This is the second post that I responded to this morning and it's not there.

My opinion: You have a partial diagnosis. Not good enough! Call the help line:1-800-272-3900 and get the # of a few of the best in your area. Be willing to travel and even stay over for the best place. A University or Major teaching Hospital with a dementia unit is usually the best.

I'm answering as a person with AD. Do get a copy of the book, from your library, that I recommended above.

The_Sun_Still_Rises
Posted: Friday, September 25, 2015 7:49 PM
Joined: 7/24/2015
Posts: 3020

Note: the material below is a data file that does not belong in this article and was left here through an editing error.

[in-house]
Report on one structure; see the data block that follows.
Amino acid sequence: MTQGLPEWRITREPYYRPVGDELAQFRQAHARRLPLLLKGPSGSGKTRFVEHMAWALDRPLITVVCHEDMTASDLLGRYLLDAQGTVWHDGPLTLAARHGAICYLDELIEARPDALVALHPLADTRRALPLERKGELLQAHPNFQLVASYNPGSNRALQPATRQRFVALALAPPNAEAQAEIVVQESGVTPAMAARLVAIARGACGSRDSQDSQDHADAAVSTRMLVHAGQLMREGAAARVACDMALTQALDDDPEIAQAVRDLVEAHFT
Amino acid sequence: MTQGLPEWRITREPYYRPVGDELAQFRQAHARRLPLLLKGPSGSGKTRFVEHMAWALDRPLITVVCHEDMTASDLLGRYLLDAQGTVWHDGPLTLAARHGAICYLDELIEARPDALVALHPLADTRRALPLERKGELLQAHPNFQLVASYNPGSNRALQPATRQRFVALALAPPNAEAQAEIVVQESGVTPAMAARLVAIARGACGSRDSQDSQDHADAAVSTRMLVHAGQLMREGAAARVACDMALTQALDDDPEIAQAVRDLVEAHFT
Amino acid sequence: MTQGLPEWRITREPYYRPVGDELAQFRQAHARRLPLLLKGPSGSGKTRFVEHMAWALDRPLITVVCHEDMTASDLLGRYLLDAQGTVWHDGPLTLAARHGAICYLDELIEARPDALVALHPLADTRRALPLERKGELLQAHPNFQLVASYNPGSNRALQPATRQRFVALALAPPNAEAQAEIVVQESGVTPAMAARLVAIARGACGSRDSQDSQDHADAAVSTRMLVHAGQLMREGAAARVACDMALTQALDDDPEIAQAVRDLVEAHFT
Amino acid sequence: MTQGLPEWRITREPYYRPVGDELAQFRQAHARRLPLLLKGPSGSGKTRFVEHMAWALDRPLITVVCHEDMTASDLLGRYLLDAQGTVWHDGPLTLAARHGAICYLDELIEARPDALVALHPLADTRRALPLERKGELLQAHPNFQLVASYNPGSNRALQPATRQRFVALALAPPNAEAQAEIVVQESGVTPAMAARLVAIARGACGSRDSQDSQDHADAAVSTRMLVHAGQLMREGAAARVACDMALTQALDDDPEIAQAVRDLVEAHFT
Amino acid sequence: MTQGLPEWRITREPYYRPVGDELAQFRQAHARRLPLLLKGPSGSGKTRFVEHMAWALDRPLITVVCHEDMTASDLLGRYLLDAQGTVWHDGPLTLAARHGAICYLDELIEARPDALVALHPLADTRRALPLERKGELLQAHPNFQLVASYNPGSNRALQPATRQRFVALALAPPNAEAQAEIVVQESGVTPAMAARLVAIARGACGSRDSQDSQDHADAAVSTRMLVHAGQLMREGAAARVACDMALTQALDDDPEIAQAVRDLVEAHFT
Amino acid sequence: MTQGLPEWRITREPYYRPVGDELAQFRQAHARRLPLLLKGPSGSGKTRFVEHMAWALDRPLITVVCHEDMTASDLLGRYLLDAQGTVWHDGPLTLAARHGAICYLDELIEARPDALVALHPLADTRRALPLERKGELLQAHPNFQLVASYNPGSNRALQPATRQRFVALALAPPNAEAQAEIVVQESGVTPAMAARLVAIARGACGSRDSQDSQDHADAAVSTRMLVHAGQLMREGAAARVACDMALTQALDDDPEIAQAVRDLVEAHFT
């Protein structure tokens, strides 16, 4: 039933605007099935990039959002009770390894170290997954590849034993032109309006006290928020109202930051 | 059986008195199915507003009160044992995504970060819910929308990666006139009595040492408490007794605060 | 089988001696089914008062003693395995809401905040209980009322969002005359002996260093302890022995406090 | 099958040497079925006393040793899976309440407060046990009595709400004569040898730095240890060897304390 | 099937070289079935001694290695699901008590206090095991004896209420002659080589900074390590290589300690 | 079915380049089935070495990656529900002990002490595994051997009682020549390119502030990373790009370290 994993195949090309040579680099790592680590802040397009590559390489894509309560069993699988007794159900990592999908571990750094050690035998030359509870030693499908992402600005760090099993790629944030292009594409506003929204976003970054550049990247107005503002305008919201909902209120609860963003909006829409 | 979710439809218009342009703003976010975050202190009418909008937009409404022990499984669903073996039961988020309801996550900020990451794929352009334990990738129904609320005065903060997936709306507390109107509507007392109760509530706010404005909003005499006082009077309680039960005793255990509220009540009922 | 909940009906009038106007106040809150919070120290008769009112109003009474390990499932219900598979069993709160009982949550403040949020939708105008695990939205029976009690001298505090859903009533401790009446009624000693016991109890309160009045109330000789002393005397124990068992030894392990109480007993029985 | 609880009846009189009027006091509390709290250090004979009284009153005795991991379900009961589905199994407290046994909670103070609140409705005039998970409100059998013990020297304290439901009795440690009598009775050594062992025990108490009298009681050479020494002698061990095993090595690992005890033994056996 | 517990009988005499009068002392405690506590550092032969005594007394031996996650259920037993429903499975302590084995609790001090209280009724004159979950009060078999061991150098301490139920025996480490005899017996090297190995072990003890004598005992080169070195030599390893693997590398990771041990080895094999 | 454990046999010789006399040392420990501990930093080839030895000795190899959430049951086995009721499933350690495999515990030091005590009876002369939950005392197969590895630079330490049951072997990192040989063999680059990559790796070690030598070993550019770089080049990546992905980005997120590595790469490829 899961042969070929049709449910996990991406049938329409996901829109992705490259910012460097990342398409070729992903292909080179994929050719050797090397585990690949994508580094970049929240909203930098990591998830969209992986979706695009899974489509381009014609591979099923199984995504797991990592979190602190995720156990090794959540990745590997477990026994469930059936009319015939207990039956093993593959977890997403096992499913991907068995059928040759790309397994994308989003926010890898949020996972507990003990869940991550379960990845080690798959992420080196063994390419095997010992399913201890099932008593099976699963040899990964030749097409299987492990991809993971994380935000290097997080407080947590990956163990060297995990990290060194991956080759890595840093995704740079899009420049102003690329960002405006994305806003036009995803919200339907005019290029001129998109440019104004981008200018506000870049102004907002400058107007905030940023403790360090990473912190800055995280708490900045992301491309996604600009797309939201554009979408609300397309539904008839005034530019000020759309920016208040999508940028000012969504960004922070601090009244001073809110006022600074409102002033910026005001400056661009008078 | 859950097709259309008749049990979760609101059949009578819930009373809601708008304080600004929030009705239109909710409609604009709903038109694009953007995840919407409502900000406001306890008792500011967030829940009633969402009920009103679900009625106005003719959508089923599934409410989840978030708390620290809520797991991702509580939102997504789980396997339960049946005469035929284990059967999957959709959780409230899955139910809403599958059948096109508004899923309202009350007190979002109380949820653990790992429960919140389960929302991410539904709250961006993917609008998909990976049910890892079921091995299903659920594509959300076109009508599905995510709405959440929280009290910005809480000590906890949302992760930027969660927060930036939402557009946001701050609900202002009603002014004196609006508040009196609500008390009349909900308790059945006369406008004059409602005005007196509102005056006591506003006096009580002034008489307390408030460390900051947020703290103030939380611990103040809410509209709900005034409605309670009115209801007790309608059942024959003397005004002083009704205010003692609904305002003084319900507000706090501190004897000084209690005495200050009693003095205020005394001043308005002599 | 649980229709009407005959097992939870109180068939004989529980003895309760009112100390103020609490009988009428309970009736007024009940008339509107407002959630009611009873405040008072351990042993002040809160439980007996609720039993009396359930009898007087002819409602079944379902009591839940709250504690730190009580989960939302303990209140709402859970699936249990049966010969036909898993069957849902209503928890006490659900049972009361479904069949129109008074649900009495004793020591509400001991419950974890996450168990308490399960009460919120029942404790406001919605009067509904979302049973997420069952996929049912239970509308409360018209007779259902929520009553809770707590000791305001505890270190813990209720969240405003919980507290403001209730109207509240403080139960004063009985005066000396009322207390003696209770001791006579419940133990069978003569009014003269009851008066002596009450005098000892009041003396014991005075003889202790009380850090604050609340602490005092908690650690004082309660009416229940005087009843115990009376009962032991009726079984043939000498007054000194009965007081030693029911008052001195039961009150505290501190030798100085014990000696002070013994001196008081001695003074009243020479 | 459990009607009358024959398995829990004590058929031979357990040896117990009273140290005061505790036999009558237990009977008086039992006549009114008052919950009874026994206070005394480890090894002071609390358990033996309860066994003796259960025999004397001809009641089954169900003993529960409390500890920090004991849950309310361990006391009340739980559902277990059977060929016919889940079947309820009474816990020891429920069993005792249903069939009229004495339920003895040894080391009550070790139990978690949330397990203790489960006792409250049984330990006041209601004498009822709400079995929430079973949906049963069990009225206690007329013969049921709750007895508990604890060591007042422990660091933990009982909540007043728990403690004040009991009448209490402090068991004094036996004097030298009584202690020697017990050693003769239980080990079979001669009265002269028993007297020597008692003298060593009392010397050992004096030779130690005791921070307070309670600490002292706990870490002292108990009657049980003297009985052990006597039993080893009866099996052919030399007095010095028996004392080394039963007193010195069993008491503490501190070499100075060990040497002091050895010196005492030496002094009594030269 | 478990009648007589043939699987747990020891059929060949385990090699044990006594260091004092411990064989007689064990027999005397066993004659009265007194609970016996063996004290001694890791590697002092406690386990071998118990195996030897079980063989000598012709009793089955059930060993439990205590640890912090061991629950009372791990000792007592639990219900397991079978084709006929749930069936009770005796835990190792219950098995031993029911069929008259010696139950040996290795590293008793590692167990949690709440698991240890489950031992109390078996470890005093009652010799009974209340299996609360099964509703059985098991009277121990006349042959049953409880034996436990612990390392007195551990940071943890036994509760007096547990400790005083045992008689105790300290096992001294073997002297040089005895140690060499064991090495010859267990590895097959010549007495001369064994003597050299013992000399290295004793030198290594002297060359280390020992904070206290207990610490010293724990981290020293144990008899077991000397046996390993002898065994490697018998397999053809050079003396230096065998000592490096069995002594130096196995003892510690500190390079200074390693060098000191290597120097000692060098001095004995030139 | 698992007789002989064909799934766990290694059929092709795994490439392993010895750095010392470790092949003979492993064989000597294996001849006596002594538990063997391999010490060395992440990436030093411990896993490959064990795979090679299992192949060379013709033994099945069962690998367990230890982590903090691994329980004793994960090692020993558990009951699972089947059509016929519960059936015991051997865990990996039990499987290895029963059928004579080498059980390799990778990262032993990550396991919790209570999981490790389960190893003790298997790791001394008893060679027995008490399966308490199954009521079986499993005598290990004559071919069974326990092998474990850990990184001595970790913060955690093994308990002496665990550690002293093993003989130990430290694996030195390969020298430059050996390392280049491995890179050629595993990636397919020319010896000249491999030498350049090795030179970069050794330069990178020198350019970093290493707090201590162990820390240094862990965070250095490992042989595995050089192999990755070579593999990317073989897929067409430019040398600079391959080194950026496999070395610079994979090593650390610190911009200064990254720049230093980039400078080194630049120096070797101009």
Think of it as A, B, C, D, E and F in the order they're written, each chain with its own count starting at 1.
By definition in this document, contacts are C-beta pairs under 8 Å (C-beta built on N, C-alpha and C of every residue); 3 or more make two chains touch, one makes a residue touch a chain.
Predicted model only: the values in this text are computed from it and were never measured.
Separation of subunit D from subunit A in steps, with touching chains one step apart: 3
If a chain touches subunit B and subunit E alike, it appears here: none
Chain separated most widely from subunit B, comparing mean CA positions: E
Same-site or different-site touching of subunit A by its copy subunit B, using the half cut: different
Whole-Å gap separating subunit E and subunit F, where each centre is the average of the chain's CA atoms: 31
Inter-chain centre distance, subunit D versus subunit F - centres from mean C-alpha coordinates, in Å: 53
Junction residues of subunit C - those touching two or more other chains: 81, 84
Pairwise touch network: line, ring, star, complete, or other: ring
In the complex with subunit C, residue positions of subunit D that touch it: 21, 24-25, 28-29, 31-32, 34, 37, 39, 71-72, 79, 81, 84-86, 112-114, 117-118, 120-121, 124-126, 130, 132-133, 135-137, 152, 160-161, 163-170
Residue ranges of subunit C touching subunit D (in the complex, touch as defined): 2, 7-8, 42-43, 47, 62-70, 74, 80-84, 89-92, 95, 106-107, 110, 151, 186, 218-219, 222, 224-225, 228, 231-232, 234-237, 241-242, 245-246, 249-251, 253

Brooke Marie Mae wrote:
I have been reading your input into various aspects of receiving your diagnosis of alzheimers or other dementias. There seem to be a variety of tests and doctors involved in making the diagnosis. In my case my psychiatrist based my diagnosis of early onset dementia on memory loss (blank spots of time) and a CT scan. She has placed me on Aricept which seems to have helped with the blank spots.

I guess what I'm questioning is the purpose of seeing neurologists and other tests. Since there is no cure, what can they add?

----------------------------------------------------------------------------------------------------------

SOME dementias have cures, and treatments...some are not fatal. It is helpful to know that, but also hard to hear (again) if it is.

They need to rule all those things out.

They can also tell, maybe, what type it is...which might allow you access to other organizations and more information about those specifics.